Whether visiting by horse or car, Elko County has more than 30 ghost towns some of which can be explored such as Jiggs, Metropolis, Midas, and Tuscarora, with easy half and full-day scenic driving tours from Elko. The best little cow town in the West offers more than one would expect – Nevada's gift to those who have a week or so to explore, and take pleasure in the legendary Cowboy Poetry Gathering.

When You Go

The 31st National Cowboy Poetry Gathering, January 26-31, 2015. Elko, 225 miles from Salt Lake City and 295 miles from Reno, is a high desert town at an elevation of 5,060-feet. Elko's weather ranges from 25-43 degrees in winter with some snow; dry summer months bring temperatures of 80-90 degrees; fall is impressive with changing colors and chilly nights. Western Folklife Center;;;; (888) 269-2022.

Related Articles:
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Let Richard know what you think about his traveling adventure.

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Feedback for Paris

In Paris would love a tour of Hemingway’s haunts.

--- Roy Curnow, New Jersey

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A very well written and empathetic article about literary Paris. I am visiting again with my husband in early November and having re-read 'Moveable Feast' in my 60's following reading all Hemingway during my 20's and subsequently again ever since, and – honeymooned for a weekend in Paris in 2004 – cannot wait to retrace Hemingway's steps from the book (as we walk) this time. Also heard great Radio 4 cover of Shakespeareand Company so will be making a visit there without fail.

--- Caroline Timmis, Stratford-upon-Avon, Warwickshire, UK

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Enjoy getting your Traveling Boy newsletter. Just read the article about Paris. Brought back many fond memories of my year there. I frequented all the haunts mentioned esp. on the Left Bank.

--- P. Sammer, Hawai'i

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We loved your story...we love Woody's new movie and we love all the spots in Paris you outlined. Next time I go there I'm taking your story with us so we can prowl around Hemingway's hot spots. Thanks for letting us know about the story. Merci beaucoup! mon ami...

--- Joseph Rosendo, Topanga, CA

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I just finished reading your piece. Traveling with you must be like enjoying the past, present, and sometimes the future. You bring a place to life. Thanks for sharing. The photos were also excellent.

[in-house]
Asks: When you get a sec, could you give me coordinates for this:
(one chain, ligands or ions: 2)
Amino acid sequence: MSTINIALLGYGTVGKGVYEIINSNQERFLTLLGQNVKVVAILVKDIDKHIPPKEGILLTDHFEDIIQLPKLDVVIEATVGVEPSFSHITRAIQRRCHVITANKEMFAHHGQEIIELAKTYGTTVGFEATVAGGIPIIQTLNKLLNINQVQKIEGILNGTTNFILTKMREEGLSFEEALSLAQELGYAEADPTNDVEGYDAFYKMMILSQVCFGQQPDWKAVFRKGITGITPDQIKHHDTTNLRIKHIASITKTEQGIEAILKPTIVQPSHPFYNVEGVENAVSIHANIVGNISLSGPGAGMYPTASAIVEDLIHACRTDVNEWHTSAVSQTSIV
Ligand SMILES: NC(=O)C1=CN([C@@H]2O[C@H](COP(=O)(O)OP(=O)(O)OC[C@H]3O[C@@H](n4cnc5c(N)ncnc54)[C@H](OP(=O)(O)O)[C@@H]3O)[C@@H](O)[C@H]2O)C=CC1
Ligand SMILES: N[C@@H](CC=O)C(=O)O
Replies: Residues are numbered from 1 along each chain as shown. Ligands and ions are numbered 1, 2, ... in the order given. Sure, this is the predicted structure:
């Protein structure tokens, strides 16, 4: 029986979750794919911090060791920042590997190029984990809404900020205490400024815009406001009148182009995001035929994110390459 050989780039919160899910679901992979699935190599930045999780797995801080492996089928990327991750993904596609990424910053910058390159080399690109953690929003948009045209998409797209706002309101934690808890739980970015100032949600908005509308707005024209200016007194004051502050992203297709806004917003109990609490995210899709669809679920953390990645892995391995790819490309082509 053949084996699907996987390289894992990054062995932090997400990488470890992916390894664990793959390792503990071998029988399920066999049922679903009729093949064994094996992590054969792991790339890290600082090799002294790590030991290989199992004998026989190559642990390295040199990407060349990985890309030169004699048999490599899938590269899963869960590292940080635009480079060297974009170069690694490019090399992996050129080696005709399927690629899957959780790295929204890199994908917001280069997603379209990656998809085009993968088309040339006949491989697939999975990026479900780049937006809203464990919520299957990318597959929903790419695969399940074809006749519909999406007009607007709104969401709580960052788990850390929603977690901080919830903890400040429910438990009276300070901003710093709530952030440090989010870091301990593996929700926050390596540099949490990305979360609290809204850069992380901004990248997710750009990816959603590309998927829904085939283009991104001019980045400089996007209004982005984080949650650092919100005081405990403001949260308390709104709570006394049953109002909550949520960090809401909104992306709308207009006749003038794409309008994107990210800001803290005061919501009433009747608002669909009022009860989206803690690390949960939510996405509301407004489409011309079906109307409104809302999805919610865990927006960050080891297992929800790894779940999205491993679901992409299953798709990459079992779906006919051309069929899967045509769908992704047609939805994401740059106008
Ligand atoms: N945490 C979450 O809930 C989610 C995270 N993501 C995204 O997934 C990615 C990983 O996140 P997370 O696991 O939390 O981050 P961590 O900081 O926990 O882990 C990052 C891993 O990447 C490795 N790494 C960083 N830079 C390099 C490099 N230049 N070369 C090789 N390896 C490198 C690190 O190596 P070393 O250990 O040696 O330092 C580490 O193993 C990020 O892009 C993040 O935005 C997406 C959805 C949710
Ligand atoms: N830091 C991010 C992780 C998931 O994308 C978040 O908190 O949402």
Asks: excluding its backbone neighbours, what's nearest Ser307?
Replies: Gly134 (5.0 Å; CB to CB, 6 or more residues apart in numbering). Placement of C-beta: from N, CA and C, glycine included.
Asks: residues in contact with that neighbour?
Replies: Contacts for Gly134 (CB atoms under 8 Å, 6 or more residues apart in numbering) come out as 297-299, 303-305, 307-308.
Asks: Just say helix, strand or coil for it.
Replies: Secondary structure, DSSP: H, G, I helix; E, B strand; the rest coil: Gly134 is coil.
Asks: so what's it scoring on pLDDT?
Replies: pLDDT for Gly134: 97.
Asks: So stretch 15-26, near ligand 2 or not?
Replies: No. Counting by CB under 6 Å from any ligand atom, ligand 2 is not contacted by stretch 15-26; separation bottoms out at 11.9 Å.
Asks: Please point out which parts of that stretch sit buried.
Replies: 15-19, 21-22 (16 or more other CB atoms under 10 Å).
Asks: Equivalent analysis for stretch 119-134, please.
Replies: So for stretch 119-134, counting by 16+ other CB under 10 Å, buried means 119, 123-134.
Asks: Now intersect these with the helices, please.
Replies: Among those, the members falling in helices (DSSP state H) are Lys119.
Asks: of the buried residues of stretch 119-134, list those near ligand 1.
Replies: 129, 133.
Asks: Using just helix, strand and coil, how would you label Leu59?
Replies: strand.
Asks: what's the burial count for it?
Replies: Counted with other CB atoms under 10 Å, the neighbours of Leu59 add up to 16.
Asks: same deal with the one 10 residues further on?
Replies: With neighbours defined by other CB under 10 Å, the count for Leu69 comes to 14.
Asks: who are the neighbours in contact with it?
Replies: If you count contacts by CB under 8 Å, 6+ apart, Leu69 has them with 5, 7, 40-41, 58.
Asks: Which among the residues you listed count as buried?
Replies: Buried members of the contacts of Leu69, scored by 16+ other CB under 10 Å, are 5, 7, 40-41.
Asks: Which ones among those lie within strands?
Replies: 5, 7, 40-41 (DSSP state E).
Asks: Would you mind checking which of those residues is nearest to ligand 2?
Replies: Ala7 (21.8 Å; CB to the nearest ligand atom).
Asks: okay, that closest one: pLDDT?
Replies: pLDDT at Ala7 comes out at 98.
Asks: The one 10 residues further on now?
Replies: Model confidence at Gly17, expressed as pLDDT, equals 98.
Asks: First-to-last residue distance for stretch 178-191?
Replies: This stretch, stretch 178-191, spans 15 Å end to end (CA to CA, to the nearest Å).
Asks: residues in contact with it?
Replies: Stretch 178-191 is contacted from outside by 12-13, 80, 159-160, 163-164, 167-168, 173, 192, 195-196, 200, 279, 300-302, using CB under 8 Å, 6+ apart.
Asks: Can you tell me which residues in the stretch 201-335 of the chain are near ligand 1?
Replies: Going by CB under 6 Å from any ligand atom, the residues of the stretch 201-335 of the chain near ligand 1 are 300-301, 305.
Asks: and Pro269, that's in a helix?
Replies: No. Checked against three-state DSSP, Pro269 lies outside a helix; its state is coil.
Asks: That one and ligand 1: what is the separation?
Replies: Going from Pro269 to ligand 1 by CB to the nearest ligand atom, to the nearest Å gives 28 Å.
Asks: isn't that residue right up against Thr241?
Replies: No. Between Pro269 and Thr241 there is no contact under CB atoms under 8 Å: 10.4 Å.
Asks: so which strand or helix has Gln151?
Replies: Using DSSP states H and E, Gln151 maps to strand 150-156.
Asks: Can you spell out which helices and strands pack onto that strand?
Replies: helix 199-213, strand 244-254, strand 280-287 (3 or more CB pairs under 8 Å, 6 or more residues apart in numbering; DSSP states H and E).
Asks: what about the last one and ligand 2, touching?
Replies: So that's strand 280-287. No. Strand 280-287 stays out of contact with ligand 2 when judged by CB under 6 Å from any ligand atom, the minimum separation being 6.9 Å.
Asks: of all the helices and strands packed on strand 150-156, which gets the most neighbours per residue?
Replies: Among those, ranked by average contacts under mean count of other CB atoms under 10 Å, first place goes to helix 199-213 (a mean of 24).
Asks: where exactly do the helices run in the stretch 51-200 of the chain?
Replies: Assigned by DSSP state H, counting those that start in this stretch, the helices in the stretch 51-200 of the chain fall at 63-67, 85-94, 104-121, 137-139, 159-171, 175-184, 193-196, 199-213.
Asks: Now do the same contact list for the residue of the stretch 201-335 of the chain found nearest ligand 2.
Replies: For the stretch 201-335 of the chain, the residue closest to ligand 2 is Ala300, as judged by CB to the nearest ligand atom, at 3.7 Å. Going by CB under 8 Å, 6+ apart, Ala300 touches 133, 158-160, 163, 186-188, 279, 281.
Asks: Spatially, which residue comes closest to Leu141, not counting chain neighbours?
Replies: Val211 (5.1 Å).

--- Maxine, Salt Lake City, UT

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A fantastic story, Richard. It's so evocative and seductive that after reading it, one could easily be tempted to buy that one-way ticket to Paris. I read Paris Wife, but after reading your story, Paris and the Paris Walks are definitely in our future.

--- Maris Somerville, Los Angeles, CA

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Richard, thanks for sharing the link to this wonderful article. Helina's pictures are a great complement to your writing. Best regards,

--- Mitchell Lane, Shadow Hills, Los Angeles, CA

Feedback for Las Alamandas

Dear Amigo Richard,

What a beautiful and well written article well your photos and illustrations are amazing!!! Thanks for been such a good friend and promoter of Mexico.

--- Jorge Gamboa, Los Angeles, CA

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Richard's beautifully written and illustrated story brought back many magic memories of my visits to lovely Las Alamandas! I can't wait to return.

--- Marian Gerlich, Los Angeles, CA

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I thank you, it looks like a great place to relax. Maybe... someday who knows?

--- Mel Carroll, Bountiful City, UT

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Nice piece. I missed the rates.

--- Harry Basch, Los Angeles, CA

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This is my favorite of all your pieces I've read. The pictures are lovely. Halina looks like she's in heaven. I would love to visit there.

--- Maxine, Salt Lake City, UT

Feedback for Playa del Carmen

Great photos!! Can't wait to see these sites myself - these pics alone got me even more excited! Any other places you'd recommend in the Yucatan!?

--- Kyle Goes Global

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Man, you draw the tough assignments. You must have been a good boy when you were young (perhaps an earlier incarnation?)!

--- Mel Caroll, Bountiful